Curran ‘I wasn’t around’ claim challenged as Oil-gate refuses to die down

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  By G.A.Ponsonby
 
A claim by Scottish Labour MP Margaret Curran that she was not around in the days when Denis Healey was Labour Chancellor of the Exchequer, has been challenged by a former Labour activist.
 
Alan Smart has revealed that Ms Curran, who is Labour’s Shadow Secretary of State for Scotland, was a high profile member of the student wing of the party at a time when Mr Healey admits Labour were actively misleading Scots over the true value of North Sea Oil.

  By G.A.Ponsonby
 
A claim by Scottish Labour MP Margaret Curran that she was not around in the days when Denis Healey was Labour Chancellor of the Exchequer, has been challenged by a former Labour activist.
 
Alan Smart has revealed that Ms Curran, who is Labour’s Shadow Secretary of State for Scotland, was a high profile member of the student wing of the party at a time when Mr Healey admits Labour were actively misleading Scots over the true value of North Sea Oil.

The revelation follows an interview on Radio Scotland in which the senior Labour MP was asked to comment on an admission by Lord Healey that the party had deliberately downplayed the worth of Scottish oil in the 1970s in order to thwart support for the SNP.

Last week, Lord Healey who was Labour Chancellor from 1974 to 1979 admitted his party had downplayed the worth of oil in order to stem support for the SNP:

“I think we did underplay the value of the oil to the country because of the threat of nationalism but that was mainly down to Thatcher.”

Asked at the weekend to comment on the admission, Ms Curran, who represents one of Scotland’s poorest constituencies said:

“I don’t know anything about that, those times, I don’t know the basis on which Denis Healey said that, I don’t know the argument, I don’t know the papers around that.”

The Labour MP added: “I know I’m getting on a bit, but I wasn’t around in Denis Healey’s days.”

However, according to Alan Smart, the Labour MP was Secretary of Glasgow University Labour Club at the same time Mr Healey was Chancellor.

Writing in the online magazine, Bella Caledonia, Mr Smart described the University Labour Club as the biggest in the UK during the period in question and that not only was Ms Curran aware of the former Labour Chancellor, she was also openly calling for his resignation.

Challenging claims that she was not around, Mr Smart wrote:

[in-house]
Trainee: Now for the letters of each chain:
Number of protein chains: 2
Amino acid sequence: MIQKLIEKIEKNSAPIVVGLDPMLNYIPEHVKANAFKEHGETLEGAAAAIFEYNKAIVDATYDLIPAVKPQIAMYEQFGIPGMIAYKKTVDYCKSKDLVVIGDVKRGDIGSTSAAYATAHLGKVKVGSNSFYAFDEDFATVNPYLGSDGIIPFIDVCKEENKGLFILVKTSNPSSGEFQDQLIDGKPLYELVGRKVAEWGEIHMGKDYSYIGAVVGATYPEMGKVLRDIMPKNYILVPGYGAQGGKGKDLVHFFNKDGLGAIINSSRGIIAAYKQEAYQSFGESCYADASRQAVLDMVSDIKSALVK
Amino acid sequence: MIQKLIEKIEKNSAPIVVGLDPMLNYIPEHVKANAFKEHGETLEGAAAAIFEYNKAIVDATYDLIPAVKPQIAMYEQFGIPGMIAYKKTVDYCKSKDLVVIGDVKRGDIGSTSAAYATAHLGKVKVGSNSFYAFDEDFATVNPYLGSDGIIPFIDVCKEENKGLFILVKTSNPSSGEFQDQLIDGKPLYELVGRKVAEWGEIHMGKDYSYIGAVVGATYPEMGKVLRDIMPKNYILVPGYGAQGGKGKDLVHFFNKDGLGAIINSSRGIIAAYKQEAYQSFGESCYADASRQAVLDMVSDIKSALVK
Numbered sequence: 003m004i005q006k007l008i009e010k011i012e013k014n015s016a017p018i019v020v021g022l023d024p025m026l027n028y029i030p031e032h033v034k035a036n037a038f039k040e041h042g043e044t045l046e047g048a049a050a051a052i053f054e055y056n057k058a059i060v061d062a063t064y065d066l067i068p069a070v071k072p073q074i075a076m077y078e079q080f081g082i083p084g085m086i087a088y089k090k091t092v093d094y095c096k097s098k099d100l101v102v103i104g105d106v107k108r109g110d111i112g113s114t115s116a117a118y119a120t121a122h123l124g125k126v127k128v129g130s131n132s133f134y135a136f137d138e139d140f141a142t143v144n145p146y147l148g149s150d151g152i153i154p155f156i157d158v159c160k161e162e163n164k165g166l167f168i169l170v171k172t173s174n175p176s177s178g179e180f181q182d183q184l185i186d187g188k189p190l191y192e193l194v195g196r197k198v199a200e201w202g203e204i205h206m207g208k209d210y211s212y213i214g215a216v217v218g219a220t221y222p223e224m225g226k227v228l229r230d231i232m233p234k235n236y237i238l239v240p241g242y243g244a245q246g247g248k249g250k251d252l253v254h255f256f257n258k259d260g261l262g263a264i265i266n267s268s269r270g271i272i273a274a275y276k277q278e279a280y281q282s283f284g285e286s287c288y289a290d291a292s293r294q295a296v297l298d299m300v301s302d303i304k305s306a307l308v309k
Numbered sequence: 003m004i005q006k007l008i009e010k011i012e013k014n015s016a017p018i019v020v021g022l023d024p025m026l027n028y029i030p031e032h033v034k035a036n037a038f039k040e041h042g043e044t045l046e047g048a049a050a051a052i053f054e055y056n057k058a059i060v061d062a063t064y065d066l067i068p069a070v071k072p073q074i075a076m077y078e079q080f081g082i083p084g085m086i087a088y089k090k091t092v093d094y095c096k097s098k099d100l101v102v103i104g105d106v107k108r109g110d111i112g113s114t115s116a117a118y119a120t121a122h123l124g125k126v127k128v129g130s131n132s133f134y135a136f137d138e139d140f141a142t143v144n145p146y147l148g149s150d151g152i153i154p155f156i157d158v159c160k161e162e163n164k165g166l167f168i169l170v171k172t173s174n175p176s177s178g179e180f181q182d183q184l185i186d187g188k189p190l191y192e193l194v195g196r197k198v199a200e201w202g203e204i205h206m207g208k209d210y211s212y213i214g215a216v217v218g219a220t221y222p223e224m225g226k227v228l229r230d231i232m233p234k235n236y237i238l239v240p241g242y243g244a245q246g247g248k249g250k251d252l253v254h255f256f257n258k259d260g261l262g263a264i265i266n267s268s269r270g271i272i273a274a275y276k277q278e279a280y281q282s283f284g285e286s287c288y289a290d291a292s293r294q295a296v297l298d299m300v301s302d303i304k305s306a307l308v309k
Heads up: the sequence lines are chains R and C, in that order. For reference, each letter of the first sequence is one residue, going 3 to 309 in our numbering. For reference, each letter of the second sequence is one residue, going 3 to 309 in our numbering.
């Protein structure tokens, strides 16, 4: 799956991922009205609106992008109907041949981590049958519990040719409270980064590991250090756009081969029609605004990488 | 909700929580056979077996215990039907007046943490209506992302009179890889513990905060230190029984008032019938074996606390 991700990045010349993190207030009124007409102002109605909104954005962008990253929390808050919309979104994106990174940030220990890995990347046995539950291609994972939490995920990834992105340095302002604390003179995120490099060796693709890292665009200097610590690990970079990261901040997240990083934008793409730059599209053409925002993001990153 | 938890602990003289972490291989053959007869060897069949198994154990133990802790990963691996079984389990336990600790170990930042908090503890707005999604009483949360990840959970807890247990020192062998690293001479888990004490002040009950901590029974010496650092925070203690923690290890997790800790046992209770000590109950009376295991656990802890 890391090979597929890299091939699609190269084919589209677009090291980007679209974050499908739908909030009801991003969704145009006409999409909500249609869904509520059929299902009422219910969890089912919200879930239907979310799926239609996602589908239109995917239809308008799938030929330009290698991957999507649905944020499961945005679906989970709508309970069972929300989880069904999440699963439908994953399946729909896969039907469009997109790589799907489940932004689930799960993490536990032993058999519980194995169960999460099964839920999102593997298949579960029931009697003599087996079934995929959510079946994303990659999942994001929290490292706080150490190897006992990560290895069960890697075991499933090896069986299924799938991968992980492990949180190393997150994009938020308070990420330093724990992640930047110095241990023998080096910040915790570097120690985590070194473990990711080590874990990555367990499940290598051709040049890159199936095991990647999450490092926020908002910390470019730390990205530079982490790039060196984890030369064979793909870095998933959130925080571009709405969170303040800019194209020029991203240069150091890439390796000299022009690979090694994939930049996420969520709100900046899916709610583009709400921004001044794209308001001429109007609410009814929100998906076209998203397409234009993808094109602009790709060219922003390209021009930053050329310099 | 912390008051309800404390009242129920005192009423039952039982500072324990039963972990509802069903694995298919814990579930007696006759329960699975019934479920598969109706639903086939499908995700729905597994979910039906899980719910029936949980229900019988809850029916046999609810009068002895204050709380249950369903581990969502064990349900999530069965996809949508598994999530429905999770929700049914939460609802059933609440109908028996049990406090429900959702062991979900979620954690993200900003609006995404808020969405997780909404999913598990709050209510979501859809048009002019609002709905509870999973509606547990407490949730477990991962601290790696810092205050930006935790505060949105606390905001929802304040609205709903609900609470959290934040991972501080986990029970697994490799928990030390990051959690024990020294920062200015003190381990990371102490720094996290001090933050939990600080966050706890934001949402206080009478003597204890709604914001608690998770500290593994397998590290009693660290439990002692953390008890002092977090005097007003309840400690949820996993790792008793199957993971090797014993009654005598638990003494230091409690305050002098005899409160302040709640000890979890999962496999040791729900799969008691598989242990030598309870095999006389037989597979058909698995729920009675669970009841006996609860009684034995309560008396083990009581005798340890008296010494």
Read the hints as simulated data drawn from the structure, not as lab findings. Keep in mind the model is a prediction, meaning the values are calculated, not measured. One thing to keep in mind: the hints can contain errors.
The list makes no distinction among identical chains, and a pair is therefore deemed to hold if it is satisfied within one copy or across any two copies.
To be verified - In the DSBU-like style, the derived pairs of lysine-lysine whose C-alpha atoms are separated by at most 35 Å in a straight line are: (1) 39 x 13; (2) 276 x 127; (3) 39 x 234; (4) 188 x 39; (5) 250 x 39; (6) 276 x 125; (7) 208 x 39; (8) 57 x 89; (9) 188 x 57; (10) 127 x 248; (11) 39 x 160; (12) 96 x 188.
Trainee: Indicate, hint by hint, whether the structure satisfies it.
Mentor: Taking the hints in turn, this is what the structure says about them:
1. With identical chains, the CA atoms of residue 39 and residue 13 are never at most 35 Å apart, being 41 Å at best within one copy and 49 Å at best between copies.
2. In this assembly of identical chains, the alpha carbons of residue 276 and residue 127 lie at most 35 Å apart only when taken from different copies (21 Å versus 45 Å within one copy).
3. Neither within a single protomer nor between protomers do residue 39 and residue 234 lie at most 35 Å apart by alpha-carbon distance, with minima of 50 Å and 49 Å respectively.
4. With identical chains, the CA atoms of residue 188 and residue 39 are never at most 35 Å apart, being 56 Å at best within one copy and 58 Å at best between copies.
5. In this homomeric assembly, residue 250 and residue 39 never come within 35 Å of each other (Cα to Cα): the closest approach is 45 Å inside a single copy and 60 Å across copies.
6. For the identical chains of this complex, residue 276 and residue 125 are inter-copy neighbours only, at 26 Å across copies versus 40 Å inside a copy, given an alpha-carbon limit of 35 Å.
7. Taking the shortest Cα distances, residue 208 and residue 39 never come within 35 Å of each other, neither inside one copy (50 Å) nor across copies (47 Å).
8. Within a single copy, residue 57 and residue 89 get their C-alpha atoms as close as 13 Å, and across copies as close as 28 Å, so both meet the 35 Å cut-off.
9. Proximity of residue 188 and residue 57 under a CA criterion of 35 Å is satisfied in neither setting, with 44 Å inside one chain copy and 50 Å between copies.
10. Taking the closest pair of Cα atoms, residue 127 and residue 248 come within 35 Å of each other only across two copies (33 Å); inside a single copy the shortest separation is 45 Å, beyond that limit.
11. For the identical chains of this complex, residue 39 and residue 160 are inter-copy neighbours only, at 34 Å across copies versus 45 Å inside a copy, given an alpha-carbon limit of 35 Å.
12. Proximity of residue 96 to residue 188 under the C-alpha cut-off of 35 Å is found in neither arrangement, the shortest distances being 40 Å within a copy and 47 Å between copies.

“This would have been in 1978, two years after Healey had made global front page news and labour movement notoriety after he went to the IMF for a bail out in exchange for huge public spending cuts.

“Indeed not only did 20 year Margaret know who he was, but was sufficiently angry with him to be calling for his resignation.”

Mr Smart also claimed that Ms Curran would have had contact with many senior figures within the Labour party at the time and was on first name terms with many leading Scottish figures including former First Minister Donald Dewar and the late John Smith who was a key advisor to Denis Healey.

“At that time Glasgow University Labour Club, with over 300 individual members, was the largest in the UK by far.  It was ‘on the circuit’.  Everyone who was anyone spoke there – Tony Benn, Neil Kinnock, Michael Foot all regulars, as were all the leading lights in the Labour Party in Scotland.  And Margaret, as Labour Club Secretary was their first point of contact, the facilitator.” said Mr Smart.

In another surprise claim, the former Labour activist also accused current Scottish Labour leader Johann Lamont of actively campaigning against Scottish Devolution in the 1970s.

Writing of Ms Lamont, Mr Smart said: “She was a leading light in the ‘Labour Vote No’ campaign.  You read that right: Johann Lamont, in 1979 actively campaigned against the ever so modest measure of devolution her own Labour Government offered the people of Scotland.”

The claims will prove uncomfortable for the Scottish Labour party with both Ms Curran and Ms Lamont playing key roles in Labour’s fight against Scottish independence.  It will also pile further pressure on Scottish Labour at a time when the party is already facing questions over the role of Scottish Labour MPs during the time Lord Healey admits the party were actively misleading Scots over North Sea Oil.

Mr Smart was also highly critical of BBC Scotland’s refusal to cover the Healey Oil admission in its news bulletins and suggested the background of News and Current affairs head John Boothman may be the reason.

He revealed that Mr Boothman was the Chairperson of Strathclyde University Labour Club in 1979, Chairperson Scottish Organisation of Labour Students in 1980 and Chairperson of the National (UK) Organisation of Labour Students 1981.

Mr Boothman is also the partner of former Labour MSP Susan Deacon.  He was once reprimanded, along with another BBC Scotland editor Tom Connor, for offering media training to Labour candidates.

Mr Smart listed his own credentials as: Glasgow University Labour Club member 1976-82; Chairperson Glasgow University Labour Club, 1980-81; Chairperson of Scottish Organisation of Labour Students, 1981-82 and President NUS Scotland 1984-86 where he was elected on a Student Labour ticket.

Speaking of Lord Healey’s admission, Mr Smart said: “Now I am long out the Labour Party, and have been lied to so often by Labour that I feel I am kind of immune to being shocked or outraged.  But this one is so close to the bone, so central to my first experiences of serious political campaigning that it has shocked even me.”